I think a better approach would be to be more precise in our language. In my day job, I do quantitative and qualitative research, so I’m not just a numbers geek – numbers can tell us what is happening, but not always why. Since we’re dealing with human beings, there really are factors at play that help determine why we’re seeing a particular quantitative result, and it can differ greatly from person to person (morale, motivation, comfort-level, etc.. are all legitimate concerns). Guessing blindly about the interpersonal factors that are affecting a player without evidence seems counterproductive, though.

One of the most important things for digging beneath the surface of numbers to examine qualitative factors is to define terms clearly and precisely. The term “chemistry” is just ill-defined. What does it mean? It’s impossible to determine the effect of something when we don’t have a precise definition of it in the first place. For me, “chemistry” is right up there with TWTW (Hawk Harrelson’s “The Will to Win”), “bellyfire” and “grit.” It’s the old-school “gut feeling” approach to analysis that doesn’t really get us anywhere, but it can make us sound like we vaguely know what we’re talking about. I think we’d be better served to be more precise: what is actually happening, and what are the exact factors that may be contributing to a team’s (or an individual’s) performance? Even if we are just guessing, I think we’ll advance the conversation – and gain more insight – if we stick to precise, knowable concepts. I could go on – and I’ll probably return to this topic in the future – but you don’t want to spend an hour reading this post (thank you if you’ve stuck with me this far).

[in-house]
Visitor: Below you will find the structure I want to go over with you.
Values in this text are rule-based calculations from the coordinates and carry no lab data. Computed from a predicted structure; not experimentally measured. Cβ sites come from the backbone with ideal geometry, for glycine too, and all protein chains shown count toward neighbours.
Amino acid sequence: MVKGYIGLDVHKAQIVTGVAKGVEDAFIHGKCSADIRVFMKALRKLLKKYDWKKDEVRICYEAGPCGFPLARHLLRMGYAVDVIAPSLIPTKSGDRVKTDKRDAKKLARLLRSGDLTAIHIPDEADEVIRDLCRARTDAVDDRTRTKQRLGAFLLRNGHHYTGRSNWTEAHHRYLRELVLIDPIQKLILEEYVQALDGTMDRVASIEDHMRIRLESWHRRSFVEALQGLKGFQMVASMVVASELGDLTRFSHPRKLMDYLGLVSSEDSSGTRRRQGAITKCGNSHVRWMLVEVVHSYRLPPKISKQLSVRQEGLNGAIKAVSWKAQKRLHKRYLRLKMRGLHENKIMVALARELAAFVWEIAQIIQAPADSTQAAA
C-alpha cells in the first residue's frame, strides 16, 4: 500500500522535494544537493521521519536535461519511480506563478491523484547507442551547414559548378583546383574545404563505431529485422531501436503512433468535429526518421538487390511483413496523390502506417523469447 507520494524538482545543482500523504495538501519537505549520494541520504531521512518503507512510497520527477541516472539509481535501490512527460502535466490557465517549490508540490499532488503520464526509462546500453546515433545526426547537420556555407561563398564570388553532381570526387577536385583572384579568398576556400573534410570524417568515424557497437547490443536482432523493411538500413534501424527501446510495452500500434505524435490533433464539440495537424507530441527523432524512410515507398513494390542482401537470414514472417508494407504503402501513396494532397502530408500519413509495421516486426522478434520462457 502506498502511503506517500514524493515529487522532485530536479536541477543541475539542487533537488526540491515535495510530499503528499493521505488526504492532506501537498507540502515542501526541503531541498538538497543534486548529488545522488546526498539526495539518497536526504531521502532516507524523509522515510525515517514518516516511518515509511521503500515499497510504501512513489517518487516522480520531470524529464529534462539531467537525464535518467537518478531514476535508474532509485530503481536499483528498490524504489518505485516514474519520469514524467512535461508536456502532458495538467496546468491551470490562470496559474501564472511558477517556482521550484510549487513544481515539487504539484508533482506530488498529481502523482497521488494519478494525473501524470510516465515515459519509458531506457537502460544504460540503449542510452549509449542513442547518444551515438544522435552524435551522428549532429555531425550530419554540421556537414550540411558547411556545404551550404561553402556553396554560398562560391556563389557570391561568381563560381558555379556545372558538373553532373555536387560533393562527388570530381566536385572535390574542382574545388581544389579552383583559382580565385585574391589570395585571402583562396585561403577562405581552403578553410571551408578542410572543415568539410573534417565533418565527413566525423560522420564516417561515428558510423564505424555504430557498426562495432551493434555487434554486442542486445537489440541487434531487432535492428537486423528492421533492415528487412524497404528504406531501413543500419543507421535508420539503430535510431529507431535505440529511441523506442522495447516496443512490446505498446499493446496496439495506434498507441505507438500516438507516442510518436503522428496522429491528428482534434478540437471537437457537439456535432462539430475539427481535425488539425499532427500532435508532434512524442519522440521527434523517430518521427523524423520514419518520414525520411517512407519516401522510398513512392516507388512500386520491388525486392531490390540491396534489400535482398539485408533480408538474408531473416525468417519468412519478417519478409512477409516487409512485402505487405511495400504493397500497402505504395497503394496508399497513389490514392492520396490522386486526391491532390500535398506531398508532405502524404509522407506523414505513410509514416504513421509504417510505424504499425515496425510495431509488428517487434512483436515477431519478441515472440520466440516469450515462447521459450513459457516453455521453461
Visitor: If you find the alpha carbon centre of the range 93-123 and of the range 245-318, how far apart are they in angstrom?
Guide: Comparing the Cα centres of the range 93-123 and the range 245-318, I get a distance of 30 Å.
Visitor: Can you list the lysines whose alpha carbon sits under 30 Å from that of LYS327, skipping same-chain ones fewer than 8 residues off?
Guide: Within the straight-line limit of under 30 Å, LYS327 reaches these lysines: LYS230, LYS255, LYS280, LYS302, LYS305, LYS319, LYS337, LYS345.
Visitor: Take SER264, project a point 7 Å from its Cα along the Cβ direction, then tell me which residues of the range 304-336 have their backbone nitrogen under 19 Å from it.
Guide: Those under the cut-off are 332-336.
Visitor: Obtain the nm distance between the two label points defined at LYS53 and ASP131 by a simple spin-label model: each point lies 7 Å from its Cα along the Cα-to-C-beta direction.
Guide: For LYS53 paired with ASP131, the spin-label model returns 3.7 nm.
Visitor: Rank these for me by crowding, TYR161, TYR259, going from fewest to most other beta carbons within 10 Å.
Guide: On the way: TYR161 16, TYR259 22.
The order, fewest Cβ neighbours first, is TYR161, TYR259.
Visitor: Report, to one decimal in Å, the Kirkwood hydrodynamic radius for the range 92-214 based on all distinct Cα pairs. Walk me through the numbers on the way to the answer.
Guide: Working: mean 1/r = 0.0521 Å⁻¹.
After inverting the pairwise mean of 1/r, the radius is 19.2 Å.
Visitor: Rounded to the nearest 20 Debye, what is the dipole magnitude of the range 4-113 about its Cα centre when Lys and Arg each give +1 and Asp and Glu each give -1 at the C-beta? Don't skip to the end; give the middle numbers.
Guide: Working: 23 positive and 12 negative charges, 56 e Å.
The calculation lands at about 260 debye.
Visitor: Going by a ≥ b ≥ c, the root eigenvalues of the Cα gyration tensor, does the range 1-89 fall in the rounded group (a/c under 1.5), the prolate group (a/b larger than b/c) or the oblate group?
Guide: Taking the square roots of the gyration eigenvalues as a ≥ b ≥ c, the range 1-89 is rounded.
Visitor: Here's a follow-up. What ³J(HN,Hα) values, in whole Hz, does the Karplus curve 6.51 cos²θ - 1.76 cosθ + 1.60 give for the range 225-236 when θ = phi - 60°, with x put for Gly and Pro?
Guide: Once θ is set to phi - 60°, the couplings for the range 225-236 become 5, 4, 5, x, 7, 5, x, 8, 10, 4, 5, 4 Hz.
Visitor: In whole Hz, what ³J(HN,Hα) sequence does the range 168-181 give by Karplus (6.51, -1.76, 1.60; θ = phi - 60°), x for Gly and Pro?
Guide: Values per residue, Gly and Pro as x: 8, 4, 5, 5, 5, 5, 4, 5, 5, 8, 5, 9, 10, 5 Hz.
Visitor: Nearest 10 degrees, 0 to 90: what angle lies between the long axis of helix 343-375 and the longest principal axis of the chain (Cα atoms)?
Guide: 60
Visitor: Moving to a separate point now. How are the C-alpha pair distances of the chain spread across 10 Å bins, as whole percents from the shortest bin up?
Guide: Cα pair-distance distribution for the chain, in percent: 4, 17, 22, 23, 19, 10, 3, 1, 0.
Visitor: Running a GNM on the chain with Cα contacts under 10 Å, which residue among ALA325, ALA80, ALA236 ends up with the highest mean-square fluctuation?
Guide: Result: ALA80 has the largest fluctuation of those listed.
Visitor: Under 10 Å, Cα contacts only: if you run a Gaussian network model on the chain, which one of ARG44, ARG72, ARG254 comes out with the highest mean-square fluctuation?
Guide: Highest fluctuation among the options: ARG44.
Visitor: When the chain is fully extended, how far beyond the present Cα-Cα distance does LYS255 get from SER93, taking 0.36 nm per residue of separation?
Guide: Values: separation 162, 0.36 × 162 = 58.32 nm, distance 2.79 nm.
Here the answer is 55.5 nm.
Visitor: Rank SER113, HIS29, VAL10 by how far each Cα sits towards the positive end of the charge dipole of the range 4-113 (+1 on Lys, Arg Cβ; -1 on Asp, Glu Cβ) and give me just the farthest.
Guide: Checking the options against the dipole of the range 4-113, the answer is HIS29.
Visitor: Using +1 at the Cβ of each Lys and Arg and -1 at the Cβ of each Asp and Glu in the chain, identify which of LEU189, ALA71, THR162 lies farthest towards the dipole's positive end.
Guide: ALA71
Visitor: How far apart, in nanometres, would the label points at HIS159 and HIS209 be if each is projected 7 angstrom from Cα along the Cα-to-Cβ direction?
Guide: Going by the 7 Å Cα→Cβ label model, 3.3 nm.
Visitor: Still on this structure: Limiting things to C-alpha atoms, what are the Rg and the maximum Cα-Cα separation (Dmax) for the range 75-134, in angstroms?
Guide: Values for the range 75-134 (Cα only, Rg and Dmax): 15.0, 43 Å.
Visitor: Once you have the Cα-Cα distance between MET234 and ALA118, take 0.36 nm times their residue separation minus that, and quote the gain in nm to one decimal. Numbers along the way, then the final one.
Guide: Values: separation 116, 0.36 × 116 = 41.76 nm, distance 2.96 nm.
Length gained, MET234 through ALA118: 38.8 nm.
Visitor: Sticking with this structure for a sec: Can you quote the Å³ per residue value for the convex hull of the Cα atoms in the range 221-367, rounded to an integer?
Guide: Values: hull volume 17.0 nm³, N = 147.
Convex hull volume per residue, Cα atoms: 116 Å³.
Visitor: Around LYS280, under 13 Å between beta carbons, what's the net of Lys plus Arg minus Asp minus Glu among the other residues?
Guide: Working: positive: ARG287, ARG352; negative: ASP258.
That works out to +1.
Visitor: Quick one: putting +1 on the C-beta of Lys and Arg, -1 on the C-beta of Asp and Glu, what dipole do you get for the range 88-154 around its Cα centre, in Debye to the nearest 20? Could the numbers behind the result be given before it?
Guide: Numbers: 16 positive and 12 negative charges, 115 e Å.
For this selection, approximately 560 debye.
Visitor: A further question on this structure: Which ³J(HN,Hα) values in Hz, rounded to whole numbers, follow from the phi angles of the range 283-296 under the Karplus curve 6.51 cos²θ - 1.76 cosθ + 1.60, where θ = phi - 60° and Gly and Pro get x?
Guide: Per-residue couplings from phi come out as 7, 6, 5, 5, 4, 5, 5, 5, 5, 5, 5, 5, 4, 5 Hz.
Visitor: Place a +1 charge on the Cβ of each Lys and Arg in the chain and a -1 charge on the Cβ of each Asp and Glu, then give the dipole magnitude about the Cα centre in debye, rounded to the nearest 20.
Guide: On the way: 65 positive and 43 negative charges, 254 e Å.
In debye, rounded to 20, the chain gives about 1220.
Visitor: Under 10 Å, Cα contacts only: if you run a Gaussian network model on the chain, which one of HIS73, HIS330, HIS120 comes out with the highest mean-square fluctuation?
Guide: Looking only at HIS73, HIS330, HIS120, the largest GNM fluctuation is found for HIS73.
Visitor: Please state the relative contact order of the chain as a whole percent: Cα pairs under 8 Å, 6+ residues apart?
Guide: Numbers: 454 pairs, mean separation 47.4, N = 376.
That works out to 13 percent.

Aside: Speaking of research, here’s a terrible example. I came across a Psychology Today article attempting to determine the effect of “chemistry” on team performance. One of the factors they examined was how much a good manager could mitigate bad team chemistry. As a measure of manager effectiveness, they defined good managers as those that had won or had been named a finalist for the Manager of the Year award. Well, you can probably see the problem here: MOY winners and finalists are always from good teams! Of course bad chemistry wasn’t hurting those teams. Ugh, bad research, it makes me angry. Anyway, they used the Uptons as a test case (it was written before this season). Following their premise (that the Uptons are bad chemistry guys), chemistry doesn’t matter at all, since the Braves are crushing.


Do we really want to relive this game? The Cubs offense returned to their usual form, with the only runs coming off solo shots from Brian Bogusevic and Donnie “Babe Ruth” Murphy. The game was actually close until the ninth, when the Nationals put up two runs to make the game all but out of reach. Chris Rusin was banged around a lot, although he only gave up two runs in 5.2 innings. On the other side, almost-Cub Dan Haren pitched really well for D.C.. I think we’re going to see a ton of games like this one from here on out. Bring on the race for a better draft pick.

Follow Sean Powell on Twitter @powell_sean